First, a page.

Contrary to the SNP leader’s claim, it is easier to envisage a progressive future for all the nations of the UK by working together to deliver fairness in welfare, effective control and management of migration, an economy that can pay its way in the world, and a strong voice in Europe.
But the progressive unionist case is weakened by any idea that Labour needs the union just so that there's a Labour government in England, whether or not the English themselves want one. There is no winning an argument that relies on the link between English legislation and the Barnett formula. A political dependence on our colleagues from NI, Wales and Scotland hinders rather than helps English Labour’s responsibility to understand how we win an English majority.
We will only win the case for a progressive England with progressive Britain if English Labour's response to the question of Englishness is wholehearted and rounded. English Labour needs to brings an English dimension to our cultural, economic, political and democratic policies.
We should acknowledge our own English identity, letting candidates stand as English Labour alongside our colleagues who stand as Welsh and Scottish Labour. We should talk of the English NHS or English universities, when that is what we mean. We should support Labour local authorities and working with others to promote a modern inclusive vision of Englishness, (and not just on St George’s Day).
For all their simplicity, neither 'English votes on English laws’ nor an English parliament would make much difference to the influence English voters feel they enjoy, because the real problem is the centralisation of the English state. And it’s because England is so centralised – because we think Westminster and Whitehall runs England – that the West Lothian question has such resonance.
Voters are sceptical about dressing up their local council as a voice for the English. They can spot the difference between form and content, as they did in the North East by voting ‘no’ in 2004 on setting up a regional assembly. Their experience of local government’s decline over 30 years doesn’t encourage voters to expect powerful responsive decision-making close to home.
But that could change. There is a strong case that the challenges of health, housing, policing, transport and planning pose such different challenges in different parts of the country that centralised decision-making cannot adequately respond. England’s future story could be one in which the English have far more say on many more things, much closer to home. It would draw on deep roots of our English history and reflect the modern development of our city regions, and go way beyond the fragmentation and contradictions of the Tories' ‘localism’.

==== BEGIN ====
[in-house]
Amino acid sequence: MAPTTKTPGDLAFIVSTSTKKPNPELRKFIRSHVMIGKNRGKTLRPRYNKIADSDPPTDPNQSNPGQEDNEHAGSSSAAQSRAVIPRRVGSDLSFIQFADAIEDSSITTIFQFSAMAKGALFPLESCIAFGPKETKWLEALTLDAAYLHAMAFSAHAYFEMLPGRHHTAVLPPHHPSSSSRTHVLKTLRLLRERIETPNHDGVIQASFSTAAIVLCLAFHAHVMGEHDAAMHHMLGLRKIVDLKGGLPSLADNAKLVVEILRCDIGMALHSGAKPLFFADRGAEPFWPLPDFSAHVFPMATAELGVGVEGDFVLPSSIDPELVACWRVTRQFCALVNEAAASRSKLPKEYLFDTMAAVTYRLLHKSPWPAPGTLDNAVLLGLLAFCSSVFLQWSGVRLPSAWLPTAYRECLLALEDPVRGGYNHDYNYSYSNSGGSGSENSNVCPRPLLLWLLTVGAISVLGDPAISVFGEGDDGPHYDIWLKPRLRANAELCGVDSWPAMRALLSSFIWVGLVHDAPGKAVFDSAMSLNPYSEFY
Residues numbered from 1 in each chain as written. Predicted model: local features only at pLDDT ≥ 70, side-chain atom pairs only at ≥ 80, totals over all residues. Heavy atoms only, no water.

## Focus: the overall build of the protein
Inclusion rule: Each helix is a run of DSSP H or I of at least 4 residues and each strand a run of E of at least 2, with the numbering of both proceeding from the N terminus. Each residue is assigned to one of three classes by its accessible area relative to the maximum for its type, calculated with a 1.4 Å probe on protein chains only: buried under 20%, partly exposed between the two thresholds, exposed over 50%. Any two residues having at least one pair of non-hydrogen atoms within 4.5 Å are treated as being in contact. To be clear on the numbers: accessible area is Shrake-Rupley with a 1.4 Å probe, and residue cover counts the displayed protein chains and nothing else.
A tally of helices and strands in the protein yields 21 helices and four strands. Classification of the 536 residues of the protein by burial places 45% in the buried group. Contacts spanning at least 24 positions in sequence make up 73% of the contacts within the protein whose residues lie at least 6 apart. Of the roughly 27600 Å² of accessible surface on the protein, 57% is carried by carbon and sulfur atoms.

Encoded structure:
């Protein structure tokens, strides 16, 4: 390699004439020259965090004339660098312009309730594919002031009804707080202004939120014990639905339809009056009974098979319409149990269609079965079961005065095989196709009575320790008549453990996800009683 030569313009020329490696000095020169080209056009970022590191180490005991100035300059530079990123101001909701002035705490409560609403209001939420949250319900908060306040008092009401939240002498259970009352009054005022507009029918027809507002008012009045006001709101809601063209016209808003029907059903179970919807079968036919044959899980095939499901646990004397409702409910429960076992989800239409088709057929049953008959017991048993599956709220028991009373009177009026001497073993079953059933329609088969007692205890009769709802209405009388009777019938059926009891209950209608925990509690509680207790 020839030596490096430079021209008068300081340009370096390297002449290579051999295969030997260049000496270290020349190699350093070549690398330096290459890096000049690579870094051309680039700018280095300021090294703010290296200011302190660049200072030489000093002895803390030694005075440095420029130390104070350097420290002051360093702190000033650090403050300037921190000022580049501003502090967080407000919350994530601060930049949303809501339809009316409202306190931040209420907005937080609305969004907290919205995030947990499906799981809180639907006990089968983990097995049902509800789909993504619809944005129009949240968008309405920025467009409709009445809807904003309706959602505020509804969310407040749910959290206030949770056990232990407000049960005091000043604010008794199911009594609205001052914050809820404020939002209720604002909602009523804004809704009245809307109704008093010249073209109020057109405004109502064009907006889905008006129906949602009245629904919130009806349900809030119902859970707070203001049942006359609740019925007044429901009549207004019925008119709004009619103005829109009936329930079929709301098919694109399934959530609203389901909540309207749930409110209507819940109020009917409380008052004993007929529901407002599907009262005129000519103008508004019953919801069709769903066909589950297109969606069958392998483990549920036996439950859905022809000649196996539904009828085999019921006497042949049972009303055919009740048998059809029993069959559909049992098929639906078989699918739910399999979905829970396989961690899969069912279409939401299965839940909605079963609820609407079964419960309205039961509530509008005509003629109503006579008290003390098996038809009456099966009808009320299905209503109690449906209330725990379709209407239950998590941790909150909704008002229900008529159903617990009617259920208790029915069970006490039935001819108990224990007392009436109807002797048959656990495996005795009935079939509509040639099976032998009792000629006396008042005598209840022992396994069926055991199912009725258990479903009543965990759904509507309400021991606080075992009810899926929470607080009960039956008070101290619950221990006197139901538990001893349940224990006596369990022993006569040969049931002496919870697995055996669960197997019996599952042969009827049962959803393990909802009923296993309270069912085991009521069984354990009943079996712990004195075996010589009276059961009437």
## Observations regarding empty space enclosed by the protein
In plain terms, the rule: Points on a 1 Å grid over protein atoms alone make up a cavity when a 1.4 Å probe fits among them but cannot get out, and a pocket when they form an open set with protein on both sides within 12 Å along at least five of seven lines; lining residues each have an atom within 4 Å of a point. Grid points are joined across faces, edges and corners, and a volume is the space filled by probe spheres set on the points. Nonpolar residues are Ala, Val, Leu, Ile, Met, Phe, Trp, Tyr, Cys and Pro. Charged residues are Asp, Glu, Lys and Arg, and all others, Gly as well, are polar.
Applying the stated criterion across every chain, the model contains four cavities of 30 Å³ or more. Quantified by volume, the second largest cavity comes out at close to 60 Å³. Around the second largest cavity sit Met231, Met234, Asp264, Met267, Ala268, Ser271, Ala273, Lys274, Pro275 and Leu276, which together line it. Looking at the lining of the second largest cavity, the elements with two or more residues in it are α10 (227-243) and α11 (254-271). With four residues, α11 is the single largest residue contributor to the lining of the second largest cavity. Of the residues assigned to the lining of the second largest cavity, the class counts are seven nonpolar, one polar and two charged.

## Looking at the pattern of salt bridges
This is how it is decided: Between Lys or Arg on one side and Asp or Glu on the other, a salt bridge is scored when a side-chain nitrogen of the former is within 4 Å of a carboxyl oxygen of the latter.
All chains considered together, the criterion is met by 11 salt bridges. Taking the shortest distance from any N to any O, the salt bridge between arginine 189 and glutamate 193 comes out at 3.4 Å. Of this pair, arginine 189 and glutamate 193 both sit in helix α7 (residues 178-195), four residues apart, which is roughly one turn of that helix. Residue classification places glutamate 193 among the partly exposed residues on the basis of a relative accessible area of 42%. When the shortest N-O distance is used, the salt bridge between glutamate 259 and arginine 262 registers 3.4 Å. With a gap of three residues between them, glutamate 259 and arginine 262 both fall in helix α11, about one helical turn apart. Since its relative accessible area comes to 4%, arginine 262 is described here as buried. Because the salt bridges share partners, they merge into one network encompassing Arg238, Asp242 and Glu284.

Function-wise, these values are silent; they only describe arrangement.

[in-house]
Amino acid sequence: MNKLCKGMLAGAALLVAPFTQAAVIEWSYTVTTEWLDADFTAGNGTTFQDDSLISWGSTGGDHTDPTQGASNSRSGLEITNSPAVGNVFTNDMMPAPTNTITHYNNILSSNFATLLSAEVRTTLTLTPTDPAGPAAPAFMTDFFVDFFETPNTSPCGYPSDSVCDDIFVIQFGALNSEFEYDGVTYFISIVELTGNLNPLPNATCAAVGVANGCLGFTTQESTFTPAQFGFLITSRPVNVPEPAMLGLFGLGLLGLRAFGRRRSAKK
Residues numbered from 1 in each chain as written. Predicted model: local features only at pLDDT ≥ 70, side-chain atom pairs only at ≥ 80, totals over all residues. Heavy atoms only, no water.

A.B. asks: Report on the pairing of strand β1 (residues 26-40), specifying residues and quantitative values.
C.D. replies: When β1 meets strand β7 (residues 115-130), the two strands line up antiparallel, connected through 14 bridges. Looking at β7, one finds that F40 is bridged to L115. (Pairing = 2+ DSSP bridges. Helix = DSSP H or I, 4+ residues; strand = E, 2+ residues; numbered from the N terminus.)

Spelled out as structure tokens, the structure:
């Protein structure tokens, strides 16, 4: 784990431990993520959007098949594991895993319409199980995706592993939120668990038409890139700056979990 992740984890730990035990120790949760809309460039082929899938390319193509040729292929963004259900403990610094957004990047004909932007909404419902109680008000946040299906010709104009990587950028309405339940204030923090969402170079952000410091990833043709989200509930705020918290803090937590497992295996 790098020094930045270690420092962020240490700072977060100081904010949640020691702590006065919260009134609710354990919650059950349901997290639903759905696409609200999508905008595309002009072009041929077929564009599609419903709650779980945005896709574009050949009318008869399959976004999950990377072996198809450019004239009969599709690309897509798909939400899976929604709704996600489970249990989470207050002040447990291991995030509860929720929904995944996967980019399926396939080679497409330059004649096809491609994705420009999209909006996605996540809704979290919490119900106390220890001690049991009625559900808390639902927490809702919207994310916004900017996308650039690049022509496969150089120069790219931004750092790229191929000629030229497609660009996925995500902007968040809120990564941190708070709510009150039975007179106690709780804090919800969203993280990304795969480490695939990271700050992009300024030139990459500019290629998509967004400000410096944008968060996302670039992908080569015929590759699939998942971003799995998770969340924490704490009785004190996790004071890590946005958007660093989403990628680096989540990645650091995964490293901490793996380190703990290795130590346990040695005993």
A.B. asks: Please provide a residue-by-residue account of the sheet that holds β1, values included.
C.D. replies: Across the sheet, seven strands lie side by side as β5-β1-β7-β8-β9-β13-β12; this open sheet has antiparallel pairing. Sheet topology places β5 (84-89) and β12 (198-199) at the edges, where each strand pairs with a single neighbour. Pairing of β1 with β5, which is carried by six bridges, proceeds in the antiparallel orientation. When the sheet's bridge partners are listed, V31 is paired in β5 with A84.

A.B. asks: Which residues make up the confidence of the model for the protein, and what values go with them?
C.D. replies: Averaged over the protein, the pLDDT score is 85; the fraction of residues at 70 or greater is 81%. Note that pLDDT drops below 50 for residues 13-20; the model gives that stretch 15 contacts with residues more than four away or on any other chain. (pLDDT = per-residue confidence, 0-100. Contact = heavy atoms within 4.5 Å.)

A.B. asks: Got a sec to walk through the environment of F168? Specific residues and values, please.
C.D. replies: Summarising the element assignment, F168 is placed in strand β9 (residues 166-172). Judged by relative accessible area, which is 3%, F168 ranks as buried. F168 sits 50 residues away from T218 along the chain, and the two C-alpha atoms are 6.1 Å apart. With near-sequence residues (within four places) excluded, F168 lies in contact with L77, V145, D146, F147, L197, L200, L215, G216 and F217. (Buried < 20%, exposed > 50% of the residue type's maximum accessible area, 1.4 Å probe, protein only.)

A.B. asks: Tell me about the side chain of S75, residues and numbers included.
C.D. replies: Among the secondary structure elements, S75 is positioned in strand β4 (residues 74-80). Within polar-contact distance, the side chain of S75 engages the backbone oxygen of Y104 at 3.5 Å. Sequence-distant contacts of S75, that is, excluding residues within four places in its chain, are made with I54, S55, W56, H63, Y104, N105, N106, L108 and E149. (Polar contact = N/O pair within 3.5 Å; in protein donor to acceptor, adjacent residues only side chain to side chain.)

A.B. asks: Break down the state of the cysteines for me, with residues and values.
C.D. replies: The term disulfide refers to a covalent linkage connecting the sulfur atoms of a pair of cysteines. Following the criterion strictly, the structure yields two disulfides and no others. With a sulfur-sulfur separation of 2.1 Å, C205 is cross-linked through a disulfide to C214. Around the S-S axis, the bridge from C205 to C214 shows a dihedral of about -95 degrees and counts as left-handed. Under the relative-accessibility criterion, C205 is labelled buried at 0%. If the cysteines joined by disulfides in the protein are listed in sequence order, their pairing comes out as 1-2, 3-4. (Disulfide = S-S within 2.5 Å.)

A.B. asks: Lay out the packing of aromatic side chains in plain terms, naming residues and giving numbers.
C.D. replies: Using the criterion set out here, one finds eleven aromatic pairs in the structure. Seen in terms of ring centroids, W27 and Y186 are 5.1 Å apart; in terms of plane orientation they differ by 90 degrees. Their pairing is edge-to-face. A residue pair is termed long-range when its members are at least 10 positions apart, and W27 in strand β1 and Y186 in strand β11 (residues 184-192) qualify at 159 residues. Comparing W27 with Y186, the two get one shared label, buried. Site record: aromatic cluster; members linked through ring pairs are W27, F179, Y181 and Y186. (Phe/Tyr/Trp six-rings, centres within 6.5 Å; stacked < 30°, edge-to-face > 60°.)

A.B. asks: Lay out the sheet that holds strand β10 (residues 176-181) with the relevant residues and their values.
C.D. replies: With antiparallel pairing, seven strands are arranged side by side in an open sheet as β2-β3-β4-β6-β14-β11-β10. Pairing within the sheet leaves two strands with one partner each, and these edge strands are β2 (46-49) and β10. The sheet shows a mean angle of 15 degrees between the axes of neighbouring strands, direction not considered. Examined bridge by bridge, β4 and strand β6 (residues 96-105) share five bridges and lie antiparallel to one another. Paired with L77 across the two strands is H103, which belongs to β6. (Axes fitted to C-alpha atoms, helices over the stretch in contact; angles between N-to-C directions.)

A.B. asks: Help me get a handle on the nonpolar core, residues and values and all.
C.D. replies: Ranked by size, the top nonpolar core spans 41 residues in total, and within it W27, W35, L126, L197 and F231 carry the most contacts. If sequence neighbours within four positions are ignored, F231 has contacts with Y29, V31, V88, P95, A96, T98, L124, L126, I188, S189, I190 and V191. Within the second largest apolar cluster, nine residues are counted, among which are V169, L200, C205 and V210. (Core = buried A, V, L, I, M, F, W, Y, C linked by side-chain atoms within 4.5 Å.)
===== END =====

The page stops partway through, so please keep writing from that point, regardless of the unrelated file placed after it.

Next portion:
But for Labour to tell that story we would ourselves have to stop equating English governance with government from Westminster. In future, much more Westminster English legislation would be enabling than directive.
But for all this, the West Lothian question won’t entirely disappear. Indeed, I’ve no illusions that the more Labour acknowledges an English dimension, the more people will expect some form of English decision-making. The simplest solution, which requires the least change to the devolution settlement, will be to let the elected English members of a democratic House of Lords scrutinise ‘English-only’ legislation. Whether that will be the resting point or whether further change is needed, only time will tell.
That then is the choice. To stand by and watch Englishness emerge without engaging with either its national expression or the underlying concerns that drive it. Or to engage, to help shape a modern English identity which tells a progressive story about the future of our country – our United Kingdom – and which gives us the voice, the power, the security and fair treatment that all too often we feel we are denied.